If you want to just explore the town of Grazalema, then you really just need a 3-4 hours to see and do everything, explore the streets, and grab some lunch at one of the excellent restaurants in town. If you want to do some hiking, add on anywhere from several more hours to another full day to hike in the Sierras.

Where to Stay Near Grazalema

If you’re just doing a day trip to Grazalema, then I’d actually recommend not staying in Grazalema, and staying in Montecorto, a little, off the beaten path white village that is central to most of the white villages of Andalucia.

Views over a courtyard bnb and to the green hills and mountains in the distance.

This guesthouse – called “Grandfather’s Mill”, an adorable patio, rooftop terrace and pool, courtyard, garden, and little grove that you could spend your time in.

There were orange trees, lemon trees, olive trees, a little well, arched doorways, white paved paths, hammocks, and a little stream running through the property. It only has 5 rooms, though, so make sure you check availability.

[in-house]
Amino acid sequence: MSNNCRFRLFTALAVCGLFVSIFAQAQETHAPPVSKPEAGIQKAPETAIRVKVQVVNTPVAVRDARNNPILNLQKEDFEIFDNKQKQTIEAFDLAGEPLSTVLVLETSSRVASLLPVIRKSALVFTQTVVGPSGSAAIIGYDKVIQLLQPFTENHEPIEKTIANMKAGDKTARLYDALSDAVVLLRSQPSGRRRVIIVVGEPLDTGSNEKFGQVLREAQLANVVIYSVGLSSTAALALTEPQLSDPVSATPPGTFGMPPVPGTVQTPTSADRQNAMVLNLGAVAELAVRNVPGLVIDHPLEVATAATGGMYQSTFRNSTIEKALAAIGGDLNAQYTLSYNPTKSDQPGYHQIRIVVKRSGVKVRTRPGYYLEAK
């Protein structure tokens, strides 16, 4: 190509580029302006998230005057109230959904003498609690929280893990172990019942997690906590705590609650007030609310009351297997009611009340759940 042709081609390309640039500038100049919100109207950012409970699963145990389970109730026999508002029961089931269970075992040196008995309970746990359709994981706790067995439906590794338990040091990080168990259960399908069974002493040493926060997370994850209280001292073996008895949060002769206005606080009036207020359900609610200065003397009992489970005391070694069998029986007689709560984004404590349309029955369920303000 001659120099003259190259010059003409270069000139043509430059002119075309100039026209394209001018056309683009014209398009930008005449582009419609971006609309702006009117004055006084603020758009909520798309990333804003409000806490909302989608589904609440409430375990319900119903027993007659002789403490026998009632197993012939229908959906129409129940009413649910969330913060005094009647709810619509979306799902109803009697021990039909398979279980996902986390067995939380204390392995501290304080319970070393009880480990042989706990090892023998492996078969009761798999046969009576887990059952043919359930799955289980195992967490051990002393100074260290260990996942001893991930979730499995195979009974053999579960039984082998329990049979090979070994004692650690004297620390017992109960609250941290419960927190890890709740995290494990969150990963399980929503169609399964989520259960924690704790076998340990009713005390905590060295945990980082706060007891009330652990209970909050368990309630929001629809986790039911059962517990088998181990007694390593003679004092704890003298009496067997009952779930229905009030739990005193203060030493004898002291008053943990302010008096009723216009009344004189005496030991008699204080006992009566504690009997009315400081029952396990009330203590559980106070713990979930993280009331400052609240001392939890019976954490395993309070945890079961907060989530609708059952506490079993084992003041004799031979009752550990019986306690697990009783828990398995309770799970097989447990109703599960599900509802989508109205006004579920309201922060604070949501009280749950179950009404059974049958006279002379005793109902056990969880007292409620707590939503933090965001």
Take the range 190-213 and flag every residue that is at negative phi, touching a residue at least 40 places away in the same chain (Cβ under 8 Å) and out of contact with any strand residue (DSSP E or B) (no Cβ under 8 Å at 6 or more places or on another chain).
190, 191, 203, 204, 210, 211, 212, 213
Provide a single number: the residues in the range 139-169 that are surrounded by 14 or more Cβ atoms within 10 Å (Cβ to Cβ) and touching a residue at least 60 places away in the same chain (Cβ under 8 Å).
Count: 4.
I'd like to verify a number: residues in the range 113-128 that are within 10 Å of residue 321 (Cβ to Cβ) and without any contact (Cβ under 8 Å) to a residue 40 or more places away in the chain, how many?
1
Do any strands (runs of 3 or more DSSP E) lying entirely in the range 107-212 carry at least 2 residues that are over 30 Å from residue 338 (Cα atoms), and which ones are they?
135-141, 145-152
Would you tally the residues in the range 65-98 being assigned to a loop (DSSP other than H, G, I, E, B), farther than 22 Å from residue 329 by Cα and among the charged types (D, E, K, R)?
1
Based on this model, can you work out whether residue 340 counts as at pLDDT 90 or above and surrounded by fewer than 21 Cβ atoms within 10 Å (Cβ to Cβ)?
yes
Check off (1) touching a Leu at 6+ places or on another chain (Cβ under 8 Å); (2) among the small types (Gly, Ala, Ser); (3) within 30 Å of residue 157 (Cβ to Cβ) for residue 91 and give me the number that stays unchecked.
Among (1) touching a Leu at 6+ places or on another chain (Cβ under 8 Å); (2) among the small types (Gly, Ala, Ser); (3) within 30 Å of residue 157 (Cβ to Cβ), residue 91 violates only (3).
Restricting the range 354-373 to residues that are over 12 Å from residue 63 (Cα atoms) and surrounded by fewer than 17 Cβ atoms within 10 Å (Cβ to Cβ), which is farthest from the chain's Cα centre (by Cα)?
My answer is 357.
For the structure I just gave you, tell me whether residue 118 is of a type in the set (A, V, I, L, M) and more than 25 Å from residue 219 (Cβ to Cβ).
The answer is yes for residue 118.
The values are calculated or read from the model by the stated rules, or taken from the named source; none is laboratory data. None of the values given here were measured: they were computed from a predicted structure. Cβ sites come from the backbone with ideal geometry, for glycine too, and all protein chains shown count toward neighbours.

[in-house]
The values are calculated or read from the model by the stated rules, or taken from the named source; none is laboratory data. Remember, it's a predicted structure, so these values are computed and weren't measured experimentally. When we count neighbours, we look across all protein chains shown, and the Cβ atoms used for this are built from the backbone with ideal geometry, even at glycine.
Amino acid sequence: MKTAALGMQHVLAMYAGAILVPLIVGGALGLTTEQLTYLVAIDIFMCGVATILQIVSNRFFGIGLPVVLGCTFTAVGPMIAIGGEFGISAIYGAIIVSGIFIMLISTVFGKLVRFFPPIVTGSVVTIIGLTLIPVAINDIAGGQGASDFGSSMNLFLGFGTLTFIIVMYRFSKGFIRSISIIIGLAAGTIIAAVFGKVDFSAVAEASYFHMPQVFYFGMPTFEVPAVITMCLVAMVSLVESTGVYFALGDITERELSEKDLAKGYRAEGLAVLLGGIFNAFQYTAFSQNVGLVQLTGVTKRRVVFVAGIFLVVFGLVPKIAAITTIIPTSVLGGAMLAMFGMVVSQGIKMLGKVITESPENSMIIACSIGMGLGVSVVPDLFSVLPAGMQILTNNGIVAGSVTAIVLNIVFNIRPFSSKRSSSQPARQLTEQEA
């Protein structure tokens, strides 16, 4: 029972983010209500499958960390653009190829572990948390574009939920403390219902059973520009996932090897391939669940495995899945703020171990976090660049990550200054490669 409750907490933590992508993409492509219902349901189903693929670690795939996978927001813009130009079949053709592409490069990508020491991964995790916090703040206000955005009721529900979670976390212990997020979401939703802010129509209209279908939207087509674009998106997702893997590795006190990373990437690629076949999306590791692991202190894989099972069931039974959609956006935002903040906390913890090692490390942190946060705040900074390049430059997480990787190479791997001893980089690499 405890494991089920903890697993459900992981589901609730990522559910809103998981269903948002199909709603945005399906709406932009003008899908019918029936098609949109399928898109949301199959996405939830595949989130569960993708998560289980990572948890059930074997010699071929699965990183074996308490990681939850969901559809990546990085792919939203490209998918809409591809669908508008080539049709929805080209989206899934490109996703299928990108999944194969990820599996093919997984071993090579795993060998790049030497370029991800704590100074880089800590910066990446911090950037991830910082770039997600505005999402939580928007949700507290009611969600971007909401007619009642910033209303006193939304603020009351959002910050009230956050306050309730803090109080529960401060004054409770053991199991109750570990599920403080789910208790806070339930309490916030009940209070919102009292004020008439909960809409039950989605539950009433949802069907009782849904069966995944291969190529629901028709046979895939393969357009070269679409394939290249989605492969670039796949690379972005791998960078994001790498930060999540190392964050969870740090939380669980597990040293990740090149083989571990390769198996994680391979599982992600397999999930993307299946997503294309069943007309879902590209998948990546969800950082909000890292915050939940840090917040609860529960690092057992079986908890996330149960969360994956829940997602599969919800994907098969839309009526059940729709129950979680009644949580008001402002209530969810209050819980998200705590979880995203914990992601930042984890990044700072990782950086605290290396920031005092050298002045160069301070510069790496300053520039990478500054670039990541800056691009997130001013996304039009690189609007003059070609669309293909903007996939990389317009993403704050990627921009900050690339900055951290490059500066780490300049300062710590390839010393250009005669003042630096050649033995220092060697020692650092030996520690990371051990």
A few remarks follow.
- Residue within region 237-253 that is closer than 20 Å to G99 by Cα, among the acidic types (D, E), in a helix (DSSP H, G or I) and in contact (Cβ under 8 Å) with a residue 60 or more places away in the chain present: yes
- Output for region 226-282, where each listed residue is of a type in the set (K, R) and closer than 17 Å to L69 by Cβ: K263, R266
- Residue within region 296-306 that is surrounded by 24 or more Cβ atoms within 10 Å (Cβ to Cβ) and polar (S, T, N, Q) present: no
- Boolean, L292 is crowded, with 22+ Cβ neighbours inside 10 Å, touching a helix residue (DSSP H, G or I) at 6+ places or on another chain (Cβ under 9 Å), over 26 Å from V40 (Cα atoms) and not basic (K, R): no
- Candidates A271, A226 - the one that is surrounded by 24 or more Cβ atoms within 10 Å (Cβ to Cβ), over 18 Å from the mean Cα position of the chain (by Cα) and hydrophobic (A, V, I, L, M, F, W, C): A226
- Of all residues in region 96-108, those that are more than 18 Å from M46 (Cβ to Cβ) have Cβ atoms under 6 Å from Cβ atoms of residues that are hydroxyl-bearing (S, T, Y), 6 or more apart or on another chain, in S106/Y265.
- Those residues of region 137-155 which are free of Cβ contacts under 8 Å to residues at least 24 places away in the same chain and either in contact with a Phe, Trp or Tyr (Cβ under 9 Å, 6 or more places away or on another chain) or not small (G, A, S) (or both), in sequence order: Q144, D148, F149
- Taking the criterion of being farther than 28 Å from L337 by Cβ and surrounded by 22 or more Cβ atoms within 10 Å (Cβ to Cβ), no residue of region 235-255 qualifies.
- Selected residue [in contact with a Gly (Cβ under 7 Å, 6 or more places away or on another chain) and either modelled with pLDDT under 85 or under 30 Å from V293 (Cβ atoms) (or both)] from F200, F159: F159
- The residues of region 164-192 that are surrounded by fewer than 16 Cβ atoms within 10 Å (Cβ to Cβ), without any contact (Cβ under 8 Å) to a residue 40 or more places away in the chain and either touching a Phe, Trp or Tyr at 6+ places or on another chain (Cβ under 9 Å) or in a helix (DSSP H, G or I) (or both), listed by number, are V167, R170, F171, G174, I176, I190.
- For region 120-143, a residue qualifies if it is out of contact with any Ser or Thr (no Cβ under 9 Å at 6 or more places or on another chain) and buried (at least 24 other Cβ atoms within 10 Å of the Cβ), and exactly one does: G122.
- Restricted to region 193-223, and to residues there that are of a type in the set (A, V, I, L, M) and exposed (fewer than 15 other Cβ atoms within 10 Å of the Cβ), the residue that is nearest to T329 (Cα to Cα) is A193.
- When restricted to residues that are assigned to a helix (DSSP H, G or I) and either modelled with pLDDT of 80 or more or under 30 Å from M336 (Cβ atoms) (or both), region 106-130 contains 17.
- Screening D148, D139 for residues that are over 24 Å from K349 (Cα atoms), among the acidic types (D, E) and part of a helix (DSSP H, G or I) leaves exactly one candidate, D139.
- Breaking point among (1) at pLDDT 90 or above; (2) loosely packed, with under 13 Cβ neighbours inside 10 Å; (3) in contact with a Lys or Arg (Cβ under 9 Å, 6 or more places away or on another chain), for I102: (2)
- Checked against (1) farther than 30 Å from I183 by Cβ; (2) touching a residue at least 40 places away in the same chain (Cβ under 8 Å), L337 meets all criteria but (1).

A tree filled with lemons overlooks a little patio set with benches and seating areas.
A little courtyard of a house in the white village of Montecorto.

You can eat breakfast on the patio, a delicious, homemade spread of local fruits, breads, pastries, and produce. From the upper rooms, you get views over the village and out to the surrounding mountains. I never wanted to leave.

A table set with 10+ plates with different fresh fruits, avocados, breads, and granola, in a white village in Spain.

The cherry on top is that Montecorto is very centrally located and so it’s easy to stay there and then quickly drive to the many pueblo blancos nearby, including Olvero, Zahara de la Sierra, Setenil de la Bodegas, Ronda, and Grazalema.

👉Book El Molino del Abuelo Guesthouse here

Prefer to Stay Overnight in Grazalema?

There aren’t a ton of options for places to stay in Grazalema (and practically zero hotels), but this little apartment is a great option right off of Plaza de Los Asomaderos It’s cute, cozy, and in an excellent location. Bonus – the apartment is super affordable. Check prices here

Guide to Grazalema – the Wrap Up

Grazalema is a sweet and charming village in Southern Spain with a rich history and beautiful terrain. I loved my time here, and I think you will too!